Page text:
Our goal is to elucidate the genetic and cellular mechanisms controlling the formation of the ureteric bud (UB) and its growth and branching to give rise to the renal collecting duct (CD) system. Defects in UB forma- tion, growth and branching lead to abnormalities such as renal agenesis, hypoplasia and reduced nephron number, obstruction, hydroureter/hydronephrosis and vesicoureteral reflux, conditions associated with chronic renal disease. Furthermore, the number of nephrons is extremely variable in "normal" humans, and low nephron number is thought to promote the progression of renal diseases and hypertension. One cause of low nephron number is a branching defect that reduces the number of UB tips. Signaling by GDNF through the Ret receptor tyrosine kinase is critical for UB formation and branching. To understand how GDNF and Ret regulate these processes, we identified genes that are upregulated by GDNF. Among these genes were two closely related ETS transcription factors, Etv4 and Etv5, which are themselves jointly required for kidney development. Our central hypothesis is that in response to Ret, Etv4 and Etv5 regulate a set of genes that carry out diverse cellular functions, together promoting branching morphogenesis.
Aim 1 is to investigate the specific effects of Etv4/Etv5 expression on the behaviors of UB cells during branching morphogenesis. Specifically, we test the hypothesis that cell migration underlies the patterned epithelial growth that occurs during UB branching morphogenesis, and that Etv4/5 promote this migration. We use genetic, single-cell, gain-of-function and loss-of function methods to manipulate expression of Etv4 and Etv5, coupled with fluorescent cell labeling and time lapse microscopy of renal organ cultures. Etv4 and Etv5 are transcriptional regulators, so to understand their functions in kidney development we need to identify the "target genes" that they regulate.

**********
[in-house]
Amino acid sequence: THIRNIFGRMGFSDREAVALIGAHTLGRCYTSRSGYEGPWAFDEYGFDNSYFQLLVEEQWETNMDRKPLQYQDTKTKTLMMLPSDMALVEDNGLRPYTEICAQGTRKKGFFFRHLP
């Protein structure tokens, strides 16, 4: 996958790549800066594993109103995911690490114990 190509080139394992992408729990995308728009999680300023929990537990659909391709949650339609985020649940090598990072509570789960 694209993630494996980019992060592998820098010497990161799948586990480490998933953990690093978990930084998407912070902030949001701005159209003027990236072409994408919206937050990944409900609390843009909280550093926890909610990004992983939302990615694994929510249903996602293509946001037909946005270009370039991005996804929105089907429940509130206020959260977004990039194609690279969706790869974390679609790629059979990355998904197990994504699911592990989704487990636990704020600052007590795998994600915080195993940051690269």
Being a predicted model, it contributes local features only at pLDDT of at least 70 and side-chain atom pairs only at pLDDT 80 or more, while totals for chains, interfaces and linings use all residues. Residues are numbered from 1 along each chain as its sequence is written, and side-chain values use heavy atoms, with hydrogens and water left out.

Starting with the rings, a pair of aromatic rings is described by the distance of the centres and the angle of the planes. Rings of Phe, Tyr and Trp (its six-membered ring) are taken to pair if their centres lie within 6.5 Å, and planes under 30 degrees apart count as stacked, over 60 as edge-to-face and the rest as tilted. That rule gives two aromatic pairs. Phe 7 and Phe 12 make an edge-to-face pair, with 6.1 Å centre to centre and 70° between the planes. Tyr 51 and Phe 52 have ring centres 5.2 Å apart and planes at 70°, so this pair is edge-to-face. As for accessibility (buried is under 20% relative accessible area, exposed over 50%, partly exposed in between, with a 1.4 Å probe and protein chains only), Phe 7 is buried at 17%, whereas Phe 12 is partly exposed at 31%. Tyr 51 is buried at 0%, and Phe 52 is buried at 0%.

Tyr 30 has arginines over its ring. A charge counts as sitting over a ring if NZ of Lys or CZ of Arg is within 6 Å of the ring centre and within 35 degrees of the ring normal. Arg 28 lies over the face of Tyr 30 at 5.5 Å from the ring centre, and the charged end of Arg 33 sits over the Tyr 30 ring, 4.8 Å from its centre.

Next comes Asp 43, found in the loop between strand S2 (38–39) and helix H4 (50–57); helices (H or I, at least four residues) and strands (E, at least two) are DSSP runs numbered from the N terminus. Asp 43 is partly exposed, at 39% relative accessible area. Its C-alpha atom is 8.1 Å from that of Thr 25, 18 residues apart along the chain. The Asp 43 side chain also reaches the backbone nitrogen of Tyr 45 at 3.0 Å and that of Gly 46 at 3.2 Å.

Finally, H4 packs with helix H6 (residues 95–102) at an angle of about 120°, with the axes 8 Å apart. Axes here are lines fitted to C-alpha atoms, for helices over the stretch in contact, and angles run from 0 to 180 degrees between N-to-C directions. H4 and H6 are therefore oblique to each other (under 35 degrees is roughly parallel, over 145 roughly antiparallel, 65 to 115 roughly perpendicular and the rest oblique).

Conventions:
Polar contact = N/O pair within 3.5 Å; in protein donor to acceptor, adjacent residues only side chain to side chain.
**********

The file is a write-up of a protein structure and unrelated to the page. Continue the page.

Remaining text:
Aim 2 is to define the targets of Etv4 and Etv5 through microarray screens of mutant kidneys (identifying genes requiring Etv4/5 for normal expression), ChIP-Seq to define Etv4/5 binding sites in the genome, and further studies to validate downstream genes. This will elaborate the gene regulatory network that controls UB branching morphogenesis, and will advance our understanding of the causes of urological/renal birth defects in mouse models and potentially humans.
Aim 3 examines the potential role in renal development and hypertension of two secreted proteases, Adamts16 and Adamts18, which are likely targets of Etv4/5. While the substrates and in vivo functions of Adamts16 and 18 are unknown, their similar sequences and renal expression suggest they may serve redundant functions in UB branching. Furthermore, Adamts16 has been linked to hypertension in rodents and humans. We hypothesize that the absence of Adamts16 and Adamts18 contributes to the UB branching defects in Etv4/5 mutants. Lack of Adamts16 and/or 18 may cause reduced nephron number and hyper- tension. We test this by examining kidney development, nephron number and blood pressure in mutant mice.
Normal development of the kidney during fetal life is important for the organ to achieve its normal size, number of nephrons (blood-filtering units) and connections to the bladder. Defects in fetal organ development may promote the progression of renal and urological diseases and hypertension. This proposal investigates the genetic mechanisms that control how the kidney grows to the correct size and shape, and how the proper number of nephrons and urine-collecting ducts is formed.
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